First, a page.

DIVUNDU- Being a tour guide comes with responsibilities as it requires constant moving and talking to tourists from all over the world but this is not the case for Kobus Haimbondi (49) who has been in the tourism industry for more than 25 years and speaks 16 languages.
“I speak a lot of languages, I have mastered most Namibian languages. I don’t count English because it’s a mother tongue just like Afrikaans. The international languages I can speak are German and French but locally I know Khoe-Khoegowab, Otjiherero (mother tongue), Rukwangali, Mbukushu, Nyemba, Sifwe, Subia, Silozi and other Kavango and Zambezi lingos and some Oshiwambo vernaculars as well,” elaborated Haimbondi.
Haimbondi said from the age of three, he was taken in by a white farmer who exposed him to animals hence the love for them, tourism and learning new languages took him on a rollercoaster which later introduced him to different people from all walks of life and a bright future at the Namibian Wildlife Resort as a tour guide.
“It has always been my dream to work for the NWR. I have worked at other lodges before coming here five years ago because of my love for animals due to growing up at a farm with this father who taught me a lot of things about animals,” stated Haimbondi.
He brushed off the misconception about wild animals being dangerous and said there is no dangerous part about being a tour guide as long as people use their minds or brains. “Use your brain, it’s not difficult or dangerous. The moment you don’t use your mind, you put those you are guiding and yourself in grave danger,” explained Haimbondi as he was driving through a herd of elephants in the Mahango area.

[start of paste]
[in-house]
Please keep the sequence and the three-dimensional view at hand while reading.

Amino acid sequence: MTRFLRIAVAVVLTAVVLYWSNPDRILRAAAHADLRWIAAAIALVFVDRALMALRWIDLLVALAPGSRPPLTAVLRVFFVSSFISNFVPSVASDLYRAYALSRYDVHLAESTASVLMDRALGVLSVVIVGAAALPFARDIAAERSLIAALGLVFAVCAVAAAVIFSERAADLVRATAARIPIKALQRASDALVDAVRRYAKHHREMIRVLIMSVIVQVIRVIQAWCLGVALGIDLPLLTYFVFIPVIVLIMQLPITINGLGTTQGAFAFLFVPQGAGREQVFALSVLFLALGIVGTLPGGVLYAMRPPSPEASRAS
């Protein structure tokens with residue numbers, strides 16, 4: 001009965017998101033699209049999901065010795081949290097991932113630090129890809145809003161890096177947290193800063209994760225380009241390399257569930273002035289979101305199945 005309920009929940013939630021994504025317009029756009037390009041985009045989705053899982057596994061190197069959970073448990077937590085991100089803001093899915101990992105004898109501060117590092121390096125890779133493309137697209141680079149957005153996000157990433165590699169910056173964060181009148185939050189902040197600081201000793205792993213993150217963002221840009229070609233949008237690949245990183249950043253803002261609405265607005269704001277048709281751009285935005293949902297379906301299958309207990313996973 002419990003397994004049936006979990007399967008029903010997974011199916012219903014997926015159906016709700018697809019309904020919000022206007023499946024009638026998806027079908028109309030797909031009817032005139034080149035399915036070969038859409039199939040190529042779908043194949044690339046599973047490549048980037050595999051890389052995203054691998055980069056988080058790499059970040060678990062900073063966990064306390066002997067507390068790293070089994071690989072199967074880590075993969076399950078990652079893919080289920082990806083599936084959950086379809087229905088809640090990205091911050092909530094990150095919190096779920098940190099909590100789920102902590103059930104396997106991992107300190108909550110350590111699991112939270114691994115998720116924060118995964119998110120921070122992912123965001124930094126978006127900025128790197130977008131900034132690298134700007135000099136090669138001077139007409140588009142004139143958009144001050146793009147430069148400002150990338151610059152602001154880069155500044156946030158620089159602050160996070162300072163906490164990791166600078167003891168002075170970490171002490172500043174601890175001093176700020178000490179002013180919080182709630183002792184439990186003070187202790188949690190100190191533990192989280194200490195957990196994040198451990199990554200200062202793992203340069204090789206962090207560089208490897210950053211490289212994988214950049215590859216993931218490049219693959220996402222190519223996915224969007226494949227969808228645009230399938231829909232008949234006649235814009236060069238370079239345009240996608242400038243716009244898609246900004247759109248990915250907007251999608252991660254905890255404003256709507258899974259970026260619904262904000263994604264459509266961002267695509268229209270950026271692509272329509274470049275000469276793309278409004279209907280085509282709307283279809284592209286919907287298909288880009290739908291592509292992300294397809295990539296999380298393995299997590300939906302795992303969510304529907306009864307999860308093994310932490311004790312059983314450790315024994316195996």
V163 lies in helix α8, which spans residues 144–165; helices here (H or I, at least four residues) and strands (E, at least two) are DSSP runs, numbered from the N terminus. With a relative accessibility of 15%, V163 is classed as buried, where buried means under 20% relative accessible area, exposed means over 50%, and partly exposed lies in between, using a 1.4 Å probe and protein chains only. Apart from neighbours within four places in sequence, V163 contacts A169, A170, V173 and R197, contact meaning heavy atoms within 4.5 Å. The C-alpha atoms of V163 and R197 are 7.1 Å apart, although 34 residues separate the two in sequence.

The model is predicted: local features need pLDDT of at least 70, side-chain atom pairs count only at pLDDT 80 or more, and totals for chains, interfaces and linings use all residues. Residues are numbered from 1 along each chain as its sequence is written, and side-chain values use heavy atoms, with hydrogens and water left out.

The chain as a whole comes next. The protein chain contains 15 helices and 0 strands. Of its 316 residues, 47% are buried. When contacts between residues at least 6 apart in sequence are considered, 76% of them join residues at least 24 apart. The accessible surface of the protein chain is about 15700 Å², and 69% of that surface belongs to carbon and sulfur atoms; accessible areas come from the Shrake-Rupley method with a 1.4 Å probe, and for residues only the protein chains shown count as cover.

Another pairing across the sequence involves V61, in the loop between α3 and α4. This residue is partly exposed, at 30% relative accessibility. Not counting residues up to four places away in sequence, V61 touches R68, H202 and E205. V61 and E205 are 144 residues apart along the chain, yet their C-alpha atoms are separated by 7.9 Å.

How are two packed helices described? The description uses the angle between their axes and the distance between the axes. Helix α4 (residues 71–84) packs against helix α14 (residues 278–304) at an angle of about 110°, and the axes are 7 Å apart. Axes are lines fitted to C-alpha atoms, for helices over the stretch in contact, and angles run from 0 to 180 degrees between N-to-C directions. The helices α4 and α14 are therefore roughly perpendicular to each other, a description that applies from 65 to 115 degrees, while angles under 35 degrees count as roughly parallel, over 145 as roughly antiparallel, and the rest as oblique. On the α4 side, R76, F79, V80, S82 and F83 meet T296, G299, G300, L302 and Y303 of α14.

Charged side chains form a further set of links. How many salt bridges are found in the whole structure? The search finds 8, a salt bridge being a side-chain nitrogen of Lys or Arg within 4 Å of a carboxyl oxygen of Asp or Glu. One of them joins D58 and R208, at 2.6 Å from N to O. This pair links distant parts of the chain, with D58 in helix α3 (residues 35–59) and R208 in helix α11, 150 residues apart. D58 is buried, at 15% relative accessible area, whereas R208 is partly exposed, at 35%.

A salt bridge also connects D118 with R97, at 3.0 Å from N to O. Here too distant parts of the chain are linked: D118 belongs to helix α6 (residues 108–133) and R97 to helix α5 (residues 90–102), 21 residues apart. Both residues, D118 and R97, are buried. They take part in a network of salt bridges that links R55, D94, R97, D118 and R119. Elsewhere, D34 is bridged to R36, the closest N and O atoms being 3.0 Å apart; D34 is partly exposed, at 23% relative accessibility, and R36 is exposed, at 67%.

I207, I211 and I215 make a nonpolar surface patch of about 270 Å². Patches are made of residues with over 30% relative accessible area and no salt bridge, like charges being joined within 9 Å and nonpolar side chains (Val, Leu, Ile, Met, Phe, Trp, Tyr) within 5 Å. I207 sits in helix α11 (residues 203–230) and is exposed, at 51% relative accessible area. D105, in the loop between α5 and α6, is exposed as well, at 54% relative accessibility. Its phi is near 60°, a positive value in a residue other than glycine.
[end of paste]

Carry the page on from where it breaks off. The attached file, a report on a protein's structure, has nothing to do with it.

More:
He said as a tour guide, he has specialised in learning animal behaviours. “Elephants are smart creatures, if you don’t provoke them- they won’t do you any harm. The same applies with lions that I see here it’s simple, don’t provoke them. I drive around, touring with my guests, I stop close enough to where these animals are and I proceed, without causing any commotion,” whispered Haimbondi pointing at Cape Buffalos as they started galloping into the bushes.
What excites him about his job is contentment. “You have no idea but I am happy with my job. I am much happier in my guiding job than anywhere else and I am enjoying it just like it’s your birthday and you are eating a cake, it’s that exciting,” said the jolly tour guide wearing khaki attire with a safari hat to beat the scorching sun.
The father of seven has a daughter Jacqueline Kaveripura Kapitango who aspires to be a tour guide, just like her father.
“She told me that she has seen how much I enjoy this job and she contemplated on who else is willing to take tour guiding to greater heights with so much optimism and eventually decided to pursue a career in hospitality. I gave her all the necessary information and she got a level two certificate which will directly take her to job attachment, she could have been practising right now but Covid-19 came in between,” pressed Haimbondi, who added that just like him, his daughter’s dream and eyes are set on working for NWR.
Popa Falls Camp manager Sonja Mauha said Haimbondi is an active member of the team. “He is a good and brilliant team player, he is willing to learn even though he has so much working experience in the sector. He knows how to work around clients. The tone he has set gets us money. Having him around is an asset and his energy is out of this world,” said Mauha.